Social Organization. Although the ties of kinship beyond the nuclear family were less pronounced than in other Eskimo societies, there were several ways of extending such linkages. One was spouse exchange, as the children of couples engaged in this practice were regarded as quasi siblings. Adoption also served to create ties between the parental donor and recipient couples. There were, in addition, a number of dyadic relationships that taken together created a multiplicity of ties exclusive of or incidental to kinship. Partnerships in dancing, Together with the creation of spouse exchange partnerships, provided mechanisms whereby travelers could gain peaceful entry into aggregations of Copper Eskimo other than their usual groups of association. Joking partnerships and song partnerships were other means of formalizing friendships. Given the absence of compulsory sharing of meat beyond the nuclear family, the system of seal-sharing partnerships was the most important insurance against shortages. Each hunter had a roster of men with whom he exchanged specific parts of the seal, a practice that helped compensate for the vagaries of the hunt. Meat was also shared through communal eating, which, though not compulsory, was widely practiced within local groupings during any season.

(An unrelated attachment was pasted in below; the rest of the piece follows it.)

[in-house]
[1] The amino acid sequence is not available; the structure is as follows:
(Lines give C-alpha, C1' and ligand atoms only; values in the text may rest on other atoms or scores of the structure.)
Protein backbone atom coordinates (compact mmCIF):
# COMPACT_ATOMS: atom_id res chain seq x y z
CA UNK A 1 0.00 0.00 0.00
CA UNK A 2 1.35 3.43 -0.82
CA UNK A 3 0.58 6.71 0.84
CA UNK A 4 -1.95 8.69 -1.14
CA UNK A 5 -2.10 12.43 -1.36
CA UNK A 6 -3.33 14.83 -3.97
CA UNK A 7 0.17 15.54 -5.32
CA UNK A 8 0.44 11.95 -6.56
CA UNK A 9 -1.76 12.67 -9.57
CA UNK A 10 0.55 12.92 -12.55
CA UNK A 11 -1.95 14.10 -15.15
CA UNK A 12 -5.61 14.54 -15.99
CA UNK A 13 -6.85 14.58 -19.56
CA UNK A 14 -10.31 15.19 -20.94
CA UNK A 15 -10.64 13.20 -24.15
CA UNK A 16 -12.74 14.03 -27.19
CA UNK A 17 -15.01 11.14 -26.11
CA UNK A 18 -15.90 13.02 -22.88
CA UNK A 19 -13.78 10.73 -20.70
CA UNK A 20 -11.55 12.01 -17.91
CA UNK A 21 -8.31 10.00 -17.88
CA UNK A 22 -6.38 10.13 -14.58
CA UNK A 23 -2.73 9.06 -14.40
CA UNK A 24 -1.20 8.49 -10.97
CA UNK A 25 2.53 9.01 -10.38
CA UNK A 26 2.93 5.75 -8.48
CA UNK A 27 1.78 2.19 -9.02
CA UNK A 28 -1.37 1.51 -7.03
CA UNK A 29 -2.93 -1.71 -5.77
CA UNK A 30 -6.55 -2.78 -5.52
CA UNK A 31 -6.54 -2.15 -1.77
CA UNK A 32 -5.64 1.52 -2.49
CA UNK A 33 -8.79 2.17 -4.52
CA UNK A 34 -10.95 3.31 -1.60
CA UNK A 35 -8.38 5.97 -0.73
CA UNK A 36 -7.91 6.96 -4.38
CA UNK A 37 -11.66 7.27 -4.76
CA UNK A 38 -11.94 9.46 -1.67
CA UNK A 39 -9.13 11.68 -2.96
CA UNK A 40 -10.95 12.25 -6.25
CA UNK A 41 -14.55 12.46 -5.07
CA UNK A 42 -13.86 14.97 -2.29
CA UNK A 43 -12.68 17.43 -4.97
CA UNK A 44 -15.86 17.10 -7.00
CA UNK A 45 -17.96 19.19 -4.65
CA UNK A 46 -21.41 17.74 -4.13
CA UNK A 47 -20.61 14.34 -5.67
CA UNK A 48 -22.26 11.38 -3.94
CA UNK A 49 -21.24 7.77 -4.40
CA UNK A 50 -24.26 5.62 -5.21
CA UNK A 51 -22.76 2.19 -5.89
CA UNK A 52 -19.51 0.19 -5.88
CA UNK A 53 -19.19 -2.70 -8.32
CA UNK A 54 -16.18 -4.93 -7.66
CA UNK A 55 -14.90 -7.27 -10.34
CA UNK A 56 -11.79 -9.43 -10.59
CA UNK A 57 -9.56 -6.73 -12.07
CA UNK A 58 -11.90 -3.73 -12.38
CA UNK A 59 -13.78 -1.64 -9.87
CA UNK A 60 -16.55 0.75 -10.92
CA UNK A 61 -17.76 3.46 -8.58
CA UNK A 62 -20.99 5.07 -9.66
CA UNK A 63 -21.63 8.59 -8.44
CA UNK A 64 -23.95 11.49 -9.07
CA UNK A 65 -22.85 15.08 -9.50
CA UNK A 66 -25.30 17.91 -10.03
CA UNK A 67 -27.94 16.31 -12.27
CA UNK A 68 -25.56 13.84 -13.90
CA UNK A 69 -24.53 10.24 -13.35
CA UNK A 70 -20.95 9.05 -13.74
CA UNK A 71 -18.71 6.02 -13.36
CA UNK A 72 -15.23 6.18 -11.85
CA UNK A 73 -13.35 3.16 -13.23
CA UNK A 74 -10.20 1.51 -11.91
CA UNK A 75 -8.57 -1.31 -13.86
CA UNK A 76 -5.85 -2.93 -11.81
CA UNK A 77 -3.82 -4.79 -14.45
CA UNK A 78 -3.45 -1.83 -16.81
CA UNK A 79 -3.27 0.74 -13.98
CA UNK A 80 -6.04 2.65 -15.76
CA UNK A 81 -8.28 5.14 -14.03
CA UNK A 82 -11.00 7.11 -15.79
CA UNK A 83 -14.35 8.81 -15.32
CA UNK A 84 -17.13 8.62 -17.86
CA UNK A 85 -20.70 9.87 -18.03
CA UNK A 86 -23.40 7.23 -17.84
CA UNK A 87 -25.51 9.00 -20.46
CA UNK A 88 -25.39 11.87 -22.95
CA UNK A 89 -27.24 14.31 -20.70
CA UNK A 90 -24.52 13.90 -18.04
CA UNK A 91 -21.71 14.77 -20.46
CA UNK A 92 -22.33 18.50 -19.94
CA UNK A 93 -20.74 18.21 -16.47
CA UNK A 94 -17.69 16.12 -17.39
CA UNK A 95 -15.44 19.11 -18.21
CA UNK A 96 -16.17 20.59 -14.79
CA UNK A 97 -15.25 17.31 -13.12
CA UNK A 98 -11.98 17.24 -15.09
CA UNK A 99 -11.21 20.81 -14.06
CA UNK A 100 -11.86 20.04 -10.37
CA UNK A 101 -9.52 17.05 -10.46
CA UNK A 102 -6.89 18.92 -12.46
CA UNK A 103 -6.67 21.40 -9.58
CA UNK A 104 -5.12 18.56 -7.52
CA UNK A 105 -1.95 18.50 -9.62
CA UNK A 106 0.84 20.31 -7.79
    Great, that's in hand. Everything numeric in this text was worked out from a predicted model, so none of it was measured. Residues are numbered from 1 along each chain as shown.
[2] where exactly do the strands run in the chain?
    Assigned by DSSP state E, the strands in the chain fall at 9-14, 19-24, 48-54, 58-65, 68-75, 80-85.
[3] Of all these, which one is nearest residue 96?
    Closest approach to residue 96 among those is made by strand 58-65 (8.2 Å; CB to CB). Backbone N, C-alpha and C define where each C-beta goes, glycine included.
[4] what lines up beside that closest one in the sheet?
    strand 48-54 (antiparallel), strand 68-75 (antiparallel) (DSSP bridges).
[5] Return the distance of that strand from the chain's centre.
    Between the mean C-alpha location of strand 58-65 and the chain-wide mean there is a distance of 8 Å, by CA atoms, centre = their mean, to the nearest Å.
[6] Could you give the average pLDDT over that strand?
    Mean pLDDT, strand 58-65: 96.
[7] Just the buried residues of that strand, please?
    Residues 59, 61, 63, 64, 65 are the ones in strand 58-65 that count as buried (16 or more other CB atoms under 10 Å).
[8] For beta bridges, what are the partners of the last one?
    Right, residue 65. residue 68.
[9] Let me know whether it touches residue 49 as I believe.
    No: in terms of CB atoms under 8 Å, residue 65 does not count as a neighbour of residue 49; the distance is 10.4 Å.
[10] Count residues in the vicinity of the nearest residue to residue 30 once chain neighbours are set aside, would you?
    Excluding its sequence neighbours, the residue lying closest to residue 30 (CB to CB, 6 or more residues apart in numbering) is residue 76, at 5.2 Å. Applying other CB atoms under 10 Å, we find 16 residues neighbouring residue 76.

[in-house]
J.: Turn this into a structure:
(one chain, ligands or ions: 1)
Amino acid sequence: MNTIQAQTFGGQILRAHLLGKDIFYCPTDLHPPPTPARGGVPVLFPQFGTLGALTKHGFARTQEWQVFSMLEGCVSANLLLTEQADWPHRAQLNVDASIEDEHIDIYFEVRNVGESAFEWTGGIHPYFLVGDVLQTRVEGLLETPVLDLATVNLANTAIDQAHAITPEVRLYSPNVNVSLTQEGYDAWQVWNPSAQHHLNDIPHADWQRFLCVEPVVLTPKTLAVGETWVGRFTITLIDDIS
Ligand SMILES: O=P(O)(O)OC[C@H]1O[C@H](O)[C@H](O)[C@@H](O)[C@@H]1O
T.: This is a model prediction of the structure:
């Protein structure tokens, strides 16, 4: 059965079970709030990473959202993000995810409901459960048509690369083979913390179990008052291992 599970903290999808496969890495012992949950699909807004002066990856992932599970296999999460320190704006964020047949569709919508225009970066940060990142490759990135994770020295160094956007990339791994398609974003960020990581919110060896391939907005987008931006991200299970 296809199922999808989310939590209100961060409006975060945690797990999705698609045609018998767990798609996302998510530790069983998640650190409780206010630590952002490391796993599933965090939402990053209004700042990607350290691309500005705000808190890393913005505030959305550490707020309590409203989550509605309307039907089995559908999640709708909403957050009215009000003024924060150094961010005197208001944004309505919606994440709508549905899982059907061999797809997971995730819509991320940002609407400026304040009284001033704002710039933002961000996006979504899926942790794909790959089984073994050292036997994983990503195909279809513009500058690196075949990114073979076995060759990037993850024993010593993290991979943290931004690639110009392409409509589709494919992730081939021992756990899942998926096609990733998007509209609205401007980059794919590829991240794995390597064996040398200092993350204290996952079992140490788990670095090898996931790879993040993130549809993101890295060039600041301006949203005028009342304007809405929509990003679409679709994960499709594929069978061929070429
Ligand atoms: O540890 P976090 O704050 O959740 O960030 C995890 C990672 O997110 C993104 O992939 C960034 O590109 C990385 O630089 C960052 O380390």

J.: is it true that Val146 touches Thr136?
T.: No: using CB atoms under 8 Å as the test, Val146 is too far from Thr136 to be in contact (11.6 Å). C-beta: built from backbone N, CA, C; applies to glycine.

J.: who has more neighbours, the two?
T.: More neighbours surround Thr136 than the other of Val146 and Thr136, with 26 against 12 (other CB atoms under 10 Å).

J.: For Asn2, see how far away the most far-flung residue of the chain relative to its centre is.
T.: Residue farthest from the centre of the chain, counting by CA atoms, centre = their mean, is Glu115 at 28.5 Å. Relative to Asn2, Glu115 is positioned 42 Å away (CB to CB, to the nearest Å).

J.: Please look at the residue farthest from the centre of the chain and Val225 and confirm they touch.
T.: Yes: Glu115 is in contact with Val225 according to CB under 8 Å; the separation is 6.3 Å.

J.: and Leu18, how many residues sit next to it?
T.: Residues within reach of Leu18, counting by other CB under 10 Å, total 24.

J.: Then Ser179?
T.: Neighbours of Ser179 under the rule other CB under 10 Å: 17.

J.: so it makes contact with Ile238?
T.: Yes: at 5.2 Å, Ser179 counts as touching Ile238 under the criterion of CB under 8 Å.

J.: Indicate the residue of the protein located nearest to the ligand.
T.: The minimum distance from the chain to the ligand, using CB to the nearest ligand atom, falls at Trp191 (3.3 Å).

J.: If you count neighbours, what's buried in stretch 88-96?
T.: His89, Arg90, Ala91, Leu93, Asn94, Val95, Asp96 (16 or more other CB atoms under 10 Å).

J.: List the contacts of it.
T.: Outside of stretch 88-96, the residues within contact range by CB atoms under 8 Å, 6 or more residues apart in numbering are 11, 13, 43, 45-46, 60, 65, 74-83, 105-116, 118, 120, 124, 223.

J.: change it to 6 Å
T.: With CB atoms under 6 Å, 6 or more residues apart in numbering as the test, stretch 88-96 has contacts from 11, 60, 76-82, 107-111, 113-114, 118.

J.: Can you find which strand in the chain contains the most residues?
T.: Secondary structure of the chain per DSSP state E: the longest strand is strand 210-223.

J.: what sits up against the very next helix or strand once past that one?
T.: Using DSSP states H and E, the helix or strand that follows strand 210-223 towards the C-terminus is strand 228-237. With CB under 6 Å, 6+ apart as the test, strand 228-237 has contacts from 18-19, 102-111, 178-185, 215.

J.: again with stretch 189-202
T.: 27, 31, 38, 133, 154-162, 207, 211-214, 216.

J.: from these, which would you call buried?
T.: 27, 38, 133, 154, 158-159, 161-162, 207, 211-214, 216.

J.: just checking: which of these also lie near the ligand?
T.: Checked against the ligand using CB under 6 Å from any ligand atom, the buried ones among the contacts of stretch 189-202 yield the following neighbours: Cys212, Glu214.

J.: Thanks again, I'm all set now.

Political Organization. The Copper Eskimo cannot be said to have had anything that could be properly labeled Political organization or government. There were no chiefs. Shamans were believed to have supernatural powers, but their secular influence was limited. Certain men were respected for their judgment or helped organize hunts, but such status did not extend automatically beyond the immediate situation.
Social Control and Conflict. Certain men were feared for their aggressiveness or violent tendencies, but they almost invariably met with violent ends themselves. The high rate of homicide among the Copper Eskimo attests to the ineffectiveness of social control mechanisms. The vengeance acts of the blood feud were one area of kinship that extended beyond the nuclear family. During the earlier years of the Royal Canadian Mounted Police (RCMP) presence, a number of homicides were investigated and several individuals punished under Canadian law. But in traditional times, about the only means of social control were executions of especially troublesome individuals, derision singing, and, simply, withdrawal from local groups where one might feel antagonisms. In the recent period of centralized living the Copper Eskimo have been involved in only a few conflict situations, most related to alcohol-induced violence. While early contacts between Whites and Copper Eskimo were usually of a peaceful nature, there were several early homicides that did involve priests, traders, and the RCMP.